USS C. W. Morse (ID-1966)

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USS C.W. Morse World War I.jpg
SS C. W. Morse in port, possibly at New York City at about the time she was chartered by the U.S. Navy in December 1917.
Union Navy Jack United States

USS C. W. Morse

USS Fort Orange
Namesake: Former name retained

People's Evening Line 1904 [1]

H. and N. Co. Line 1909 [2]

Harlan & Hollingsworth Co, Wilmington Del. [hull]

W. & A. Fletcher Co, Hoboken NJ [Engine & Boilers]
Laid down: date unknown
Launched: 1902[1]
Christened: as Steamship C.W. Morse
Completed: 1903 at Wilmington, Delaware
Acquired: under charter December 1917
In service: circa December 1917
Out of service: circa February 1919
Renamed: Fort Orange (1921) [3]
Struck: circa February 1919

returned to her owners in February 1919 Laid up 1928

Scrapped 1935, Hull converted to a breakwater
General characteristics
Type: Steamboat
Tonnage: 4307 gross tons
Length: 430 ft[1]
Beam: 50½ ft[1]
Draft: 9 ft[1]
Depth: 14½ ft[1]
Decks: 5[1]
Installed power: four lobster-back return-flue boilers[1]
Propulsion: 30' paddle-wheel, 4500 IHP[1]
Speed: 17 knots[1]
Complement: not known
Armament: not known

USS C. W. Morse (ID 1966) was a paddle wheel steamer built in 1903, which was leased by the U.S. Navy for service during World War I. She served as a receiving ship in New York harbor during the war. Post-war she was decommissioned and returned to her former owner.

A Hudson River steamer[edit]

C. W. Morse (No. 1966) was a 4307 gross ton paddle-wheel river passenger steamship which the Navy chartered during World War I. She was built in 1903 at Wilmington, Delaware, for commercial employment on the Hudson River, New York.

On April 30, 1907 in fog conditions the C. W. Morse collided with the tugboat/lighter New York Central No. 4. The tug sank immediately. No one on board the Morse was injured, while the Engineer of the Tug was drowned. Survivors of the Tug were picked up by the Morse and by another Tug. No blame for the accident was given,[4] This was appealed in 1909, where both ships were found at fault and each responsible for half the damages.[5]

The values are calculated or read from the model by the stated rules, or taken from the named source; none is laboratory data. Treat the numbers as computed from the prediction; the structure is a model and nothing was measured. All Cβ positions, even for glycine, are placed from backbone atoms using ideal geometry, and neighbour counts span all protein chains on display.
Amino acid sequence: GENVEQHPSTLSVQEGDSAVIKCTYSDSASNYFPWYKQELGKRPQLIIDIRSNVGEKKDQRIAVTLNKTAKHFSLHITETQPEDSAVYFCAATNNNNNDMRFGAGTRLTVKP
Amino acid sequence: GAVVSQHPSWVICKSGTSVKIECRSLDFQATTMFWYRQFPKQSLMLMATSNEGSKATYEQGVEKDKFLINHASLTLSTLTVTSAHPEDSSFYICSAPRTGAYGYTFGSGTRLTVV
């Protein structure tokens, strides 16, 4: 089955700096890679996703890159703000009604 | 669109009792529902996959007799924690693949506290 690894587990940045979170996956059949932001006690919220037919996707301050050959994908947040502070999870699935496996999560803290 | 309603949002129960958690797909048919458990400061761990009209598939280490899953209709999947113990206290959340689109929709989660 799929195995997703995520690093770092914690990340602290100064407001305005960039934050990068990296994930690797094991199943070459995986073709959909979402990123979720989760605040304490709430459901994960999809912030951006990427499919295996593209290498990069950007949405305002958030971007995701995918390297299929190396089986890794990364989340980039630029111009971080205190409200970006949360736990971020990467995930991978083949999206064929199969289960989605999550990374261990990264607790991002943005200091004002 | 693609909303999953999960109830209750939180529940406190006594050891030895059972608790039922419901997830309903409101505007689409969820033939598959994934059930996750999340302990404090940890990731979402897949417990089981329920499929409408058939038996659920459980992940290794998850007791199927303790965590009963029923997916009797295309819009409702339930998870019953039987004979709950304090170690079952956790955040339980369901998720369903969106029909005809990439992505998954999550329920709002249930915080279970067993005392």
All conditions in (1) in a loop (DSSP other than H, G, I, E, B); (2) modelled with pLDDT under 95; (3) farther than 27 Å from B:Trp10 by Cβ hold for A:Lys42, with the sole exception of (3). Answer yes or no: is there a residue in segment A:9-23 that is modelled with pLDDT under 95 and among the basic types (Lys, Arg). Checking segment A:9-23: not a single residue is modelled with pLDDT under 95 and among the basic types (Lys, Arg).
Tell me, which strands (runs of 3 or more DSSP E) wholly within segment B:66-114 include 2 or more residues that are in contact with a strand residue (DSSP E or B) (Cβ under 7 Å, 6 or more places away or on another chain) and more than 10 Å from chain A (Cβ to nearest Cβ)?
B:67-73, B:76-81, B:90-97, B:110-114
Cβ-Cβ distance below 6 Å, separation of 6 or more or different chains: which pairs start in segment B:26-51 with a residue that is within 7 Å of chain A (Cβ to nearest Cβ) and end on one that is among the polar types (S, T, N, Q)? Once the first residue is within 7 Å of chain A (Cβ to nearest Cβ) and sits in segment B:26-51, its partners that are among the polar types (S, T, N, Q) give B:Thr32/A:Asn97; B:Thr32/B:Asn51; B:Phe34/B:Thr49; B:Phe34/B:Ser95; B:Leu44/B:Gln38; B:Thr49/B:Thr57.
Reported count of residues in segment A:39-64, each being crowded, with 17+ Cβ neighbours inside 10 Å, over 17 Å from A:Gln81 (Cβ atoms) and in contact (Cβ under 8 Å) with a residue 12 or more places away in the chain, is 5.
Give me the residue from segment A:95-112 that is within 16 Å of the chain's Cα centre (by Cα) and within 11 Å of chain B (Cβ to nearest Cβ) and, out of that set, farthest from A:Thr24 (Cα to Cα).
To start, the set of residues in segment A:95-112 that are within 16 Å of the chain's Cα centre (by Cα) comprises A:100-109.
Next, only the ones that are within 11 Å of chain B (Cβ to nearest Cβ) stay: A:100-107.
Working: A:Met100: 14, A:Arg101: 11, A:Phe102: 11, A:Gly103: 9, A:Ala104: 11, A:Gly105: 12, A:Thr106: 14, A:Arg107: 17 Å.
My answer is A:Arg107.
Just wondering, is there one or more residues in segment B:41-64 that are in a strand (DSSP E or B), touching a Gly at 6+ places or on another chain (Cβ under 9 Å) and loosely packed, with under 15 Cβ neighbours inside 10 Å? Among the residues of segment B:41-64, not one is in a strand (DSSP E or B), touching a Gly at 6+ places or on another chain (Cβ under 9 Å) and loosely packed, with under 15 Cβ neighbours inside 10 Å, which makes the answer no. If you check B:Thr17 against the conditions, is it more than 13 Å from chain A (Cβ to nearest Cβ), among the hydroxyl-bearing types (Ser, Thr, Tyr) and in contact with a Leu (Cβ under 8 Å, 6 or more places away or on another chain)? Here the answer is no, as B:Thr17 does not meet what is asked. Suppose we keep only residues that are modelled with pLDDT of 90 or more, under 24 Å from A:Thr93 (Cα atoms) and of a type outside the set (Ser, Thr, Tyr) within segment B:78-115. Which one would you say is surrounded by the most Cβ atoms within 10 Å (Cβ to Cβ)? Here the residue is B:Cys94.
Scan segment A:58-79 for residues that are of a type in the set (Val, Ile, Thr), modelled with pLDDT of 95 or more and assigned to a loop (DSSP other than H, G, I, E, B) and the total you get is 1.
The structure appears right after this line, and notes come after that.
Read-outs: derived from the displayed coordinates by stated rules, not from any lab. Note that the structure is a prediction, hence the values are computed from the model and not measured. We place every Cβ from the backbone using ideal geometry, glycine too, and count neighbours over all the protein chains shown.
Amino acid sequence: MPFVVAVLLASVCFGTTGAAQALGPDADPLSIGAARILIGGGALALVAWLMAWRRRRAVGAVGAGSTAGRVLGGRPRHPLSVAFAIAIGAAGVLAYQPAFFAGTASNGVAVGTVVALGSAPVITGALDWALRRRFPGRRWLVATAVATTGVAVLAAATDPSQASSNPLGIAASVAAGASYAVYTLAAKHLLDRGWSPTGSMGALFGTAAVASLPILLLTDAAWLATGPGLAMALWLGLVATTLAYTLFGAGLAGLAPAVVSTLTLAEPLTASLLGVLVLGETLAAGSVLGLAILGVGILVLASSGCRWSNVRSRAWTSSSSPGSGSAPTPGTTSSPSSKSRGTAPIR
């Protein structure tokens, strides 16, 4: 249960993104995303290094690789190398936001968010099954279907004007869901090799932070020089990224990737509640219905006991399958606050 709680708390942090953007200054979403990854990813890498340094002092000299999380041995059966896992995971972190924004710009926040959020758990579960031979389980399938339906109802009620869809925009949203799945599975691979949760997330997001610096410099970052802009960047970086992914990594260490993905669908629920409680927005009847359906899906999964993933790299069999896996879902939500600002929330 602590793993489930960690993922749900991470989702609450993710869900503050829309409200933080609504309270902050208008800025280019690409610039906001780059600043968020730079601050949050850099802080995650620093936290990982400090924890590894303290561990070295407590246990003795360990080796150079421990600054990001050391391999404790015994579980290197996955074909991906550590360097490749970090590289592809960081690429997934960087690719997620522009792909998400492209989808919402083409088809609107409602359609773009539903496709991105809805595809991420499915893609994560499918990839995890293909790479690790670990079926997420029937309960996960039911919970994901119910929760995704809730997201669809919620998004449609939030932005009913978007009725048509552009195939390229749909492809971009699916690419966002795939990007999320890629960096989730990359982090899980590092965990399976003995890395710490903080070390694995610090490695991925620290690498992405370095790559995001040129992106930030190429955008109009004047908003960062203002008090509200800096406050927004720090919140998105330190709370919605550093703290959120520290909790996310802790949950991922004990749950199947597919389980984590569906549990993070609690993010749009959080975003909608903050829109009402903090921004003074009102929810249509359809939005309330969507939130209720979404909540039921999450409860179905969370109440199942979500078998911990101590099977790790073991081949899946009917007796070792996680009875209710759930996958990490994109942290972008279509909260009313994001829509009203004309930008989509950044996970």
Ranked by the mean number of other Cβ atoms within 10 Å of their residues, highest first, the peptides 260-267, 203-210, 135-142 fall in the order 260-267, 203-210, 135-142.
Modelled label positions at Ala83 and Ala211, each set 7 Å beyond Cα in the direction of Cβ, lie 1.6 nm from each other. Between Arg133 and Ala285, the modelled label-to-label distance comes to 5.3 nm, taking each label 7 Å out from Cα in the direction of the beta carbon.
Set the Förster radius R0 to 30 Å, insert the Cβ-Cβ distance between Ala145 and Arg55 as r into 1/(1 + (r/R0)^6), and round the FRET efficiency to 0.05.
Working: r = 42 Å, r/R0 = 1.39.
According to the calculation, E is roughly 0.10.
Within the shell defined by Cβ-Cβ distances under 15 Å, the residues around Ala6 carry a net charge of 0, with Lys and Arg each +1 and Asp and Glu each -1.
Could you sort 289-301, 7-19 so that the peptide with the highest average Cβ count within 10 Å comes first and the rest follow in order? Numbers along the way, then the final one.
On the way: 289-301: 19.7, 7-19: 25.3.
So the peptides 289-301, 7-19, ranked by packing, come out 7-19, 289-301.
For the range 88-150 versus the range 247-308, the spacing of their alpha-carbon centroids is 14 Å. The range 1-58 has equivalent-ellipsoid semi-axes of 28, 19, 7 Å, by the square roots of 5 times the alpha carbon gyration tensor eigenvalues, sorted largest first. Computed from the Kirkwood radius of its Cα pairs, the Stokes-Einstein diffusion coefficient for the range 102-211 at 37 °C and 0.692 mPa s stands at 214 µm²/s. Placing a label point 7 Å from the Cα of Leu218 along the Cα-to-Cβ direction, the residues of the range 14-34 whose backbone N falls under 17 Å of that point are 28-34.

World War I service[edit]

On 12 December 1917 she was chartered by the Navy and placed in service as C.W. Morse (ID # 1966) in the 3rd Naval District in the New York City area as a receiving ship. She was returned to her owner on 10 February 1919.

Post-war decommissioning[edit]

After World War I era use, she was returned to her owners in February 1919. She continued to sail on the Hudson until 1927. In 1928 the then owner, Hudson River Navigation Corp. kept her docked to reduce their line's operating costs.[6] In 1930-31 large amounts of equipment and fittings were transferred to the other three ships of the line. She was formally scrapped in 1935, while her hull was used as a breakwater in Bridgeport, Connecticut.[7]

See also[edit]

  • U.S. Navy
  • World War I


  1. ^ a b c d e f g h i j [1], Marine Engendering. Retrieved 2014-06-25.
  2. ^ [2], Library of Congress Photograph. Retrieved 2014-06-25.
  3. ^ [3], World Famous Crooks & Con Men. Retrieved 2014-06-25.
  4. ^ [4], United States Congressional serial set, Issue 5491. Retrieved 2014-06-25.
  5. ^ [5], The Federal Reporter: Volume 161. Retrieved 2014-06-25.
  6. ^ [6], District Court of the United States: For the Southern District of New York . Retrieved 2014-06-25.
  7. ^ [7], Steamboats on the Hudson River. Retrieved 2014-06-25.